In January, a synod bishop of the Evangelical Lutheran Church of America resigned amid allegations of sexual misconduct in a case that has shocked the denomination.
He is the most prominent ELCA pastor to face public allegations regarding inappropriate sexual conduct by clergy, according to The Lutheran magazine, which published a special report on clergy sexual abuse in its July 17 edition. But the case is just one of many involving similar allegations against clergy in the denomination.
The problem of clergy sexual misconduct is by no means confined to one denomination. A study released by the Park Ridge Center for the Study of Health, Faith, and Ethics in Chicago last year found that one in 10 U.S. clergy has had an affair with a parishioner. And last summer, The Los Angeles Times reported that 2,000 cases of clergy sexual abuse were pending in the nation's courts.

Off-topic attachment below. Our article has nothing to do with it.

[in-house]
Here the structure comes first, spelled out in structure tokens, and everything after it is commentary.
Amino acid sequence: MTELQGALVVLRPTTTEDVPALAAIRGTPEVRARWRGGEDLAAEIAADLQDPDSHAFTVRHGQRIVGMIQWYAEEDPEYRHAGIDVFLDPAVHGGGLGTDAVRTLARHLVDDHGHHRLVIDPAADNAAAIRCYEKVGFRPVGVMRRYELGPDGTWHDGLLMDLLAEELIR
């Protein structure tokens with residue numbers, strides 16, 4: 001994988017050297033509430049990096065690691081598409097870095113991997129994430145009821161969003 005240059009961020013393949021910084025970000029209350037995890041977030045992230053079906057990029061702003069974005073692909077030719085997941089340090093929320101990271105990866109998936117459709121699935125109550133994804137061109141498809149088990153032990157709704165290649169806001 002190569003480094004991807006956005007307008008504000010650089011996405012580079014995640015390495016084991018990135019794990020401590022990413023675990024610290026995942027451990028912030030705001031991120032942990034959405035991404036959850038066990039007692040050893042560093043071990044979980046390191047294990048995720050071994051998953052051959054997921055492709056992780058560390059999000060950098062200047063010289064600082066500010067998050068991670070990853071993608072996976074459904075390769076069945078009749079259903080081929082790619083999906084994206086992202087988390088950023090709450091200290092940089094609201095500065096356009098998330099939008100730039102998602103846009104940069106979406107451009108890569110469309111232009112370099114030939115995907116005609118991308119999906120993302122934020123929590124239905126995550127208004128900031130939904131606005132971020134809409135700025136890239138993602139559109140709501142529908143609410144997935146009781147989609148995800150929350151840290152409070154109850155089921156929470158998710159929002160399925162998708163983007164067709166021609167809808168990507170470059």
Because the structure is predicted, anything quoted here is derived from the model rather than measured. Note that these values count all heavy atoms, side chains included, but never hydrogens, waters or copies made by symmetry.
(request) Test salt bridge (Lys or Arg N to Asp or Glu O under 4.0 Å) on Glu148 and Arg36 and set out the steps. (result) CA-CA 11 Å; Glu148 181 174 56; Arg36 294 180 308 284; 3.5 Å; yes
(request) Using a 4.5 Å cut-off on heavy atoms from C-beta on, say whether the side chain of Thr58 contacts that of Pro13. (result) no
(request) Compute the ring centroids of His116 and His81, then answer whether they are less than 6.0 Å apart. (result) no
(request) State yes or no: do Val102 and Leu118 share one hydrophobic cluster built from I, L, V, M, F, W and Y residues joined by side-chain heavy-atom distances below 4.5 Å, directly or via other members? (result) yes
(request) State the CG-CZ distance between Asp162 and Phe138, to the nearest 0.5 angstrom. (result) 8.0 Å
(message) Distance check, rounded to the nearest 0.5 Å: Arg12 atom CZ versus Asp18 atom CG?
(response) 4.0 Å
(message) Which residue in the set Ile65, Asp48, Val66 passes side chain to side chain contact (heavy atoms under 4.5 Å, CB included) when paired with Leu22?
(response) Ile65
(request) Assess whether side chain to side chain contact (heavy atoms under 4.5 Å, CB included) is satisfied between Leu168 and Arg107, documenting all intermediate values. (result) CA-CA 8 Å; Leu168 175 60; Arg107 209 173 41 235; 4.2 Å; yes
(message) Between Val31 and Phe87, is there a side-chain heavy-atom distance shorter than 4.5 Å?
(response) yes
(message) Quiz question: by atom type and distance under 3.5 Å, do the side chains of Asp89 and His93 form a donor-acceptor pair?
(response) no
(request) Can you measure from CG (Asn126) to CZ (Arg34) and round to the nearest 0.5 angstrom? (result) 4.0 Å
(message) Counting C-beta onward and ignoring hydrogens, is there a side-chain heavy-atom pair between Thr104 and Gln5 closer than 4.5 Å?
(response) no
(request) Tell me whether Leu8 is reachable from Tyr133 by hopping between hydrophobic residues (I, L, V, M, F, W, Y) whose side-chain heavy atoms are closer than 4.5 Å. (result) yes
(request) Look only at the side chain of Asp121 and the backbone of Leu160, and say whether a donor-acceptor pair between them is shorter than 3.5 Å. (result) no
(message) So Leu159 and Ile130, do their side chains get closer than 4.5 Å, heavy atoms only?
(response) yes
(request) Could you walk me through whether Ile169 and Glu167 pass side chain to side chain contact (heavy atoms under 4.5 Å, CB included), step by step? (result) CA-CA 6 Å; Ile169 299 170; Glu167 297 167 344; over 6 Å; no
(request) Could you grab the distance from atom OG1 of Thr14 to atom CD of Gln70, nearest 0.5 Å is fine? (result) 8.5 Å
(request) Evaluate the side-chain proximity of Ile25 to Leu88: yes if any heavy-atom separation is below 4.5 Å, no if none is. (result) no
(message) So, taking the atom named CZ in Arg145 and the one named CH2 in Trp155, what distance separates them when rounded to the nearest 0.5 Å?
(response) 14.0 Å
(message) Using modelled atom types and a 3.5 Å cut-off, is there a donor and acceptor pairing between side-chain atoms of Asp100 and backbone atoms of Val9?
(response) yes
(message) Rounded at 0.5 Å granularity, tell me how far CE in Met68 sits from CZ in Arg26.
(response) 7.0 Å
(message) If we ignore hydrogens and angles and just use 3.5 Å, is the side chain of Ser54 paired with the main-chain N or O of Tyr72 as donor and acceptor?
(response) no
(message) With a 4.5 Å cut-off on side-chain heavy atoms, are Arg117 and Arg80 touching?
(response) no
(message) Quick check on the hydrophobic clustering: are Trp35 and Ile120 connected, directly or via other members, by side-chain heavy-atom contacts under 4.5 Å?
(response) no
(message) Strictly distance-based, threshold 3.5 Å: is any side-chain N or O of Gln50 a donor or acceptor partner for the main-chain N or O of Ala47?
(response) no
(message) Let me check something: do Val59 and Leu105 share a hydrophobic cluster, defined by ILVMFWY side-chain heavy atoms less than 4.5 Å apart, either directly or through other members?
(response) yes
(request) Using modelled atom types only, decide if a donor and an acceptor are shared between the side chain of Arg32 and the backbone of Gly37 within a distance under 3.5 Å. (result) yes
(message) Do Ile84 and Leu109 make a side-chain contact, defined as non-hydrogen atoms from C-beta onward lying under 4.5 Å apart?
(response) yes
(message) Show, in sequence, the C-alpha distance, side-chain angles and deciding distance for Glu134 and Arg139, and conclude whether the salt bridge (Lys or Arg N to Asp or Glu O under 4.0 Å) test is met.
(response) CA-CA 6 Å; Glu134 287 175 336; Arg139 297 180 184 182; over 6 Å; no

Most denominations have been slow to confront the reality of clergy sexual abuse in their churches. However, if measures passed at church conventions this past summer are any indication, that may be changing.
The Presbyterians adopted a strict policy that prohibits sexual contact between clergy and parishioners or church employees, whatever the circumstance. And they are also urging congregations to set up "sexual misconduct response teams" in order to investigate complaints quickly and notify the appropriate authorities when necessary.
Other denominations are just at the point of officially recognizing the problem and taking first steps toward addressing it. Calling clergy sexual exploitation and harassment "abuses of trust" and a "violation of the baptismal covenant," the Episcopal Church created a committee to study the problem and propose standards of conduct and policy procedures in such cases at the denomination's next general convention in 1994.